What are 3 common reasons why people have eating disorders?
Eating disorders are serious and often fatal mental health conditions that cause unhealthy eating habits and can be hard to treat. They affect people of all ages, racial/ethnic backgrounds and body sizes.
Some of the most common eating disorders include anorexia nervosa, bulimia nervosa and binge-eating disorder. Each has its own symptoms, and a doctor can diagnose you based on your physical and psychological conditions.
Anorexia nervosa: This is the most common type of eating disorder, which causes people to drastically restrict their food intake. They may also be obsessed with their body weight, which can lead to extreme self-criticism about their appearance. This disorder can lead to severe malnutrition and medical complications.
Binge-eating disorder: This is a common eating disorder that includes feelings of a lack of control over eating and binge-eating episodes at least once a week. These episodes are usually sudden and large, but sometimes they can be smaller.
Other eating disorders:
There are many other types of eating disorders that can have similar symptoms to those of the three most common diagnoses (Anorexia Nervosa, Bulimia Nervosa and Binge Eating Disorder). Some of them include avoidant restrictive food intake disorder or ARFID, formerly known as selective eating disorder.
Another condition is atypical anorexia, which occurs in children who do not have distorted body images or fears of gaining weight. Atypical anorexia is not as serious as anorexia nervosa or bulimia nervosa, but it can lead to malnutrition.
Atypical anorexia is more common in childhood than in adults and can cause a person to become malnourished, have low energy levels and poor mental health. It can also lead to low self-esteem and difficulty socializing.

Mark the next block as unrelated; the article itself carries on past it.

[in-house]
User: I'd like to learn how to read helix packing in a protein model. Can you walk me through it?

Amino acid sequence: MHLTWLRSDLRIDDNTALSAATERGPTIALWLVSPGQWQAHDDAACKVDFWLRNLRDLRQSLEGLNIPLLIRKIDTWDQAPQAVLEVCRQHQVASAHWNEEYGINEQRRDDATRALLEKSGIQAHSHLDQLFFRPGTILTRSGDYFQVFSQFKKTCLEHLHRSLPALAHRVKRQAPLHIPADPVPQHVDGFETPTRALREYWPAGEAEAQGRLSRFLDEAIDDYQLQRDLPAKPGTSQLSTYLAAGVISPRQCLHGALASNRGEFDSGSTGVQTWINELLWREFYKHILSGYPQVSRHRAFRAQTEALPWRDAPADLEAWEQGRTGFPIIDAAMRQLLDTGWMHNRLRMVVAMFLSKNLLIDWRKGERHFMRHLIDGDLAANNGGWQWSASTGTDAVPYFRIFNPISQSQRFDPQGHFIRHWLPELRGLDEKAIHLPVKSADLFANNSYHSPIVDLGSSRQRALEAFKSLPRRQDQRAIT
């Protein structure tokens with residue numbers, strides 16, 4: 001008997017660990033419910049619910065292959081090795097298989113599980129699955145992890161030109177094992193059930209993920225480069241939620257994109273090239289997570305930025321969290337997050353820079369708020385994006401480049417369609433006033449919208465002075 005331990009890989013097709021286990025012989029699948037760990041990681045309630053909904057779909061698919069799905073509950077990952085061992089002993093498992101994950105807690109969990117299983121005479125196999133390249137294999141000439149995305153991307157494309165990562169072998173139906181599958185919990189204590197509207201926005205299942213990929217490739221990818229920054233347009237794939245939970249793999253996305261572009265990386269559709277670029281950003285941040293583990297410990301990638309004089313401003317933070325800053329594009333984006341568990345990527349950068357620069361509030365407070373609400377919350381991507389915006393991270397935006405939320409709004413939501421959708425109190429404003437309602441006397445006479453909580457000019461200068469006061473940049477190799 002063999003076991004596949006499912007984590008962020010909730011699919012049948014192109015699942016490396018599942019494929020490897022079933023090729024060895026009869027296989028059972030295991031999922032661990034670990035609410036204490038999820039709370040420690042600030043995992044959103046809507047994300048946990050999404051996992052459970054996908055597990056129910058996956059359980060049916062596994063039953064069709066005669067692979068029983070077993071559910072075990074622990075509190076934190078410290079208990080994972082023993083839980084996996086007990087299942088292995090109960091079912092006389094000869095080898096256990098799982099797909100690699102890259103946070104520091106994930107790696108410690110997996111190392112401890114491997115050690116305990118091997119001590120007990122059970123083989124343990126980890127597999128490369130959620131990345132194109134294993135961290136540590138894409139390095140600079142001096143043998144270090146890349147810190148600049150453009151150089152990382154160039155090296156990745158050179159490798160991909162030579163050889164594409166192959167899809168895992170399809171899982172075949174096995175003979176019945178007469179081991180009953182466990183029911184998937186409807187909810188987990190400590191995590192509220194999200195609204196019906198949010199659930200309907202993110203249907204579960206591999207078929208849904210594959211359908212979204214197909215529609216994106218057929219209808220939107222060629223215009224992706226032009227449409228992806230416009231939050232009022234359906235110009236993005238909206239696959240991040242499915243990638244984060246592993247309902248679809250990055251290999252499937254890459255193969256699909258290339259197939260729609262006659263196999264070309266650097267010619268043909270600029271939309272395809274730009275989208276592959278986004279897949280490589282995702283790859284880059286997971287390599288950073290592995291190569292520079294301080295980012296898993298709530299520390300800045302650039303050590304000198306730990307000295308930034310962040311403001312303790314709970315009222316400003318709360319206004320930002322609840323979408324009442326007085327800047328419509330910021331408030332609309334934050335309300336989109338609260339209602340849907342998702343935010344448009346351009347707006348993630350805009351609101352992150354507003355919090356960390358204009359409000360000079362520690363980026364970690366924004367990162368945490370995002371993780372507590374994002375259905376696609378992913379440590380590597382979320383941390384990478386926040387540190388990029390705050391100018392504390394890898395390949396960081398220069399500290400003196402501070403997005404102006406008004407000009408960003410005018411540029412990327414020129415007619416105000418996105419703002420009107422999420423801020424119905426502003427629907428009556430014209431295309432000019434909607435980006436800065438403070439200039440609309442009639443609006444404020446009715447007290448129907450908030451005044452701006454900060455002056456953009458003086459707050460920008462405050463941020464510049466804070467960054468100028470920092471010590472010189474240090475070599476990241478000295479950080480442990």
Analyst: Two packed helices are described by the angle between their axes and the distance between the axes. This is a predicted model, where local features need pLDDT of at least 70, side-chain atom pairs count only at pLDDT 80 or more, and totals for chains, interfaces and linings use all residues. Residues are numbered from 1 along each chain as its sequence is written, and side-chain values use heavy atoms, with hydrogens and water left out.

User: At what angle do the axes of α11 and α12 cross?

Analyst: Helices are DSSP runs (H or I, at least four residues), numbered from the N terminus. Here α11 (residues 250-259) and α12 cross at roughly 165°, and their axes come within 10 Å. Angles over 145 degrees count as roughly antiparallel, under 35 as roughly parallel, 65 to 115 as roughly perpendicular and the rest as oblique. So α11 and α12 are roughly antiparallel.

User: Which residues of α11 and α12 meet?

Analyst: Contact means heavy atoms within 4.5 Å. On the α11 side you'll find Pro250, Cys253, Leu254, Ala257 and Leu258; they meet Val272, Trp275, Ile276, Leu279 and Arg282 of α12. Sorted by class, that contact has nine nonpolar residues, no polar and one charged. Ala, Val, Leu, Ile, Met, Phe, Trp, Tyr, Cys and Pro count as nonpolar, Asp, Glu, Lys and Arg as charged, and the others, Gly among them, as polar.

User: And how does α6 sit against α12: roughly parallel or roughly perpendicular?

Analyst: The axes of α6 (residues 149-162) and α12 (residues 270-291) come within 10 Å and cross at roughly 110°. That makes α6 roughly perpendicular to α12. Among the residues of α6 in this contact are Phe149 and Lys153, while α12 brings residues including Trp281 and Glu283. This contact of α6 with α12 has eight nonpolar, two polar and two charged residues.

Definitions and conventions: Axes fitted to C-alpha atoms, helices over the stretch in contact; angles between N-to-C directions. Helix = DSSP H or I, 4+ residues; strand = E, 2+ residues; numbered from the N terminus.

Genetics: Research shows that people with first degree relatives, such as siblings or parents, who have an eating disorder are more likely to develop it than those without a family history of the condition. Researchers are working to identify variations in genes that can contribute to eating disorders.
Environment: Cultural pressures that idealize certain body types can be a big reason why some people develop an eating disorder. These pressures can be very strong, especially in the teen years.
Peer pressure can also be a major factor. Some teens are bullied or teased because they don’t fit into the societal standards of thinness and/or muscularity.
Other risk factors can include anxiety, depression, low self-esteem, and traumatic events like sexual abuse or neglect. If you think a loved one has an eating disorder, seek help as soon as possible to ensure their best chance for recovery.
Eating disorders can be treated successfully with counseling and medication. Your doctor or an eating disorders specialist can help you determine the type of treatment that is right for you and your particular situation.
The goal of treatment is to teach you healthy eating habits and ways to cope with stress. A specialist may prescribe medication for specific problems or treat you with a combination of therapy and medications to help regulate your emotions and reduce anxiety.